Thursday, May 15, 2014

Thoughts on Barbara Ehrenreich's Spiritual Journey

A couple of weeks ago, I read a set of interview highlights for the promotion of Ehrenreich's newest work, Living with a Wild God: A Nonbeliever's Search for the Truth about Everything, that caused me to consider her perspective at length. (You can read the first interview/set of highlights I read here.) 

First off, I want to say that no, I haven't changed my mind about Jesus. However, I did take the time to really ponder her statements beyond the surface. Many people, in their own way (and words), respond to a different set of beliefs by saying something like this: 'Oh, she/he doesn't believe what I believe? Well that's dumb and she/he's wrong and my belief is better!'

Rather than doing that, I've acknowledged her perspective, respected it, and responded to it by concluding that I disagree. So...why write a post about it?

Well, we all search for something at one point or another, whether that something is truth or love or freedom, etc. We can all relate to Ehrenreich's struggle to comprehend herself, the universe around her, and her place in it. I'm sharing this, in part, because we all search, and we should all search. (Yes, let me repeat that: I am shamelessly declaring that you should search out Truth.)

I'm also posting this because I want to offer my own adolescent journey and conclusions as a contrast to Ehrenreich's journey and conclusions up to this point in both of our lives...and I desire that what I have to say will also be considered deeply.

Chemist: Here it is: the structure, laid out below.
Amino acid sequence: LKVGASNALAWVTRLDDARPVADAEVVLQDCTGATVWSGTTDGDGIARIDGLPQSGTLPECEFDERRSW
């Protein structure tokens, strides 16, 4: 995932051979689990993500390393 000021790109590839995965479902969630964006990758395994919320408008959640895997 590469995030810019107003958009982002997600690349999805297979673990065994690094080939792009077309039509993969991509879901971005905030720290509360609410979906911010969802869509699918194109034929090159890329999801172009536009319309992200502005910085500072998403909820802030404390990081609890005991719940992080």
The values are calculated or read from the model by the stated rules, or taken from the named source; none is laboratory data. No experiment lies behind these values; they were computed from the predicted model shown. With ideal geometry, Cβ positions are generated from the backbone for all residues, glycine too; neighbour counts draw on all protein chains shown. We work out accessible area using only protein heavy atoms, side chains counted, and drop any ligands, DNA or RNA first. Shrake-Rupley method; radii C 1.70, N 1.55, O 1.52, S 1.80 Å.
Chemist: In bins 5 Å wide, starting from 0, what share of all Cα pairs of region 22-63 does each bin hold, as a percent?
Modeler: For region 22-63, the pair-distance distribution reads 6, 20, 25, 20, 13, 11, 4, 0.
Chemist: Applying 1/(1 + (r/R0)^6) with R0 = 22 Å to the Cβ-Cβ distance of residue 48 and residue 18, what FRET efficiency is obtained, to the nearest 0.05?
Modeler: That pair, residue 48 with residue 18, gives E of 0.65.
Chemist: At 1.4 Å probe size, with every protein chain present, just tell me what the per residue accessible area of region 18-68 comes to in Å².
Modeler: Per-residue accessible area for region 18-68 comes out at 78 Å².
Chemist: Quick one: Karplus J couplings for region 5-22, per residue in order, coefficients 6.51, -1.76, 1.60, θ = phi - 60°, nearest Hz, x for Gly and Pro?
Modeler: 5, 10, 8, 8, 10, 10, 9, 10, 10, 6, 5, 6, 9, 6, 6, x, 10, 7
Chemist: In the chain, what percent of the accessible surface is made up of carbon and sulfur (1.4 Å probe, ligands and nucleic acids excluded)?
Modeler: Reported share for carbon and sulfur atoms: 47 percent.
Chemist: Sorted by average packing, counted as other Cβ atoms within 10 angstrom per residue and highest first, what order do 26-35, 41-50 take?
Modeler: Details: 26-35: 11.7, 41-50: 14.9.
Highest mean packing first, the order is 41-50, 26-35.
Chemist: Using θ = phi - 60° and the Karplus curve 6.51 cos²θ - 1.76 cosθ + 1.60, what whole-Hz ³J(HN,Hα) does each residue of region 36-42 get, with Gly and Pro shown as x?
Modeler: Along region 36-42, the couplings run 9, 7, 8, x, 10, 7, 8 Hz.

Three major points about my journey: 1) My family did not offer me spiritual guidance; 2) I had an urge in my heart that couldn't be squelched, and questions that demanded answers, so I searched for Truth with claimed openness and willingness to change; 3) I found Truth (or, better phrased, Truth revealed 'Itself' to me and I accepted it as Truth).

Ehrenreich's journey (forgive the simplification): 1) She was a part of a generational 'legacy' that denounced Christ, though perhaps saying the legacy denounced Christianity as a valid way to live is more accurate; 2) She mused about reality and had questions that demanded answers, so she searched for Truth with claimed openness and willingness to change; 3) She did not find Truth (or, better phrased, she perhaps encountered Truth and denied it as Truth).

When I read the interview(s), I was confused about a number of things, but what really confused and grieved me was the fact that she said she searched for  decades  for Truth. I searched for 6 years. Legitimately—with dedicated pursuit and openness—for maybe 2-3. Again, my family did not offer me spiritual guidance. Before I became a Christian, I was an Atheist, too. Then an Agnostic. Then a near-Wiccan (I became a Believer just before heading onto that path).

So what happened with Ehrenreich? Why didn't she find what she was looking for?

Ah. But maybe, in a way, she did find what she was looking for.

Wednesday, May 7, 2014

There Will Come a Time Carrie Arcos *Review*

**I received an arc via On The Same Page--@galsonthesamepg--(formerly Literary Lushes) ARC Tours in exchange for an honest and fair review**

This is going to be a rave-tastic review because man, was this novel brilliant. 

My sentiments toward There Will Come a Time can be summed up in one sentence: I LOVED IT. Arcos delivers everything a reader is looking for in a novel: from the characters and plot to the theme, it's compelling, relatable, and believable (and funny...and heartwarming...).

I enjoyed virtually everything about this book. The plot is fascinating, following a somewhat dual storyline that switches off between The Accident and The Present. I loved the idea of the Top 5 list as a plot device to move Mark forward, and the dash of romantic interest was a nice touch.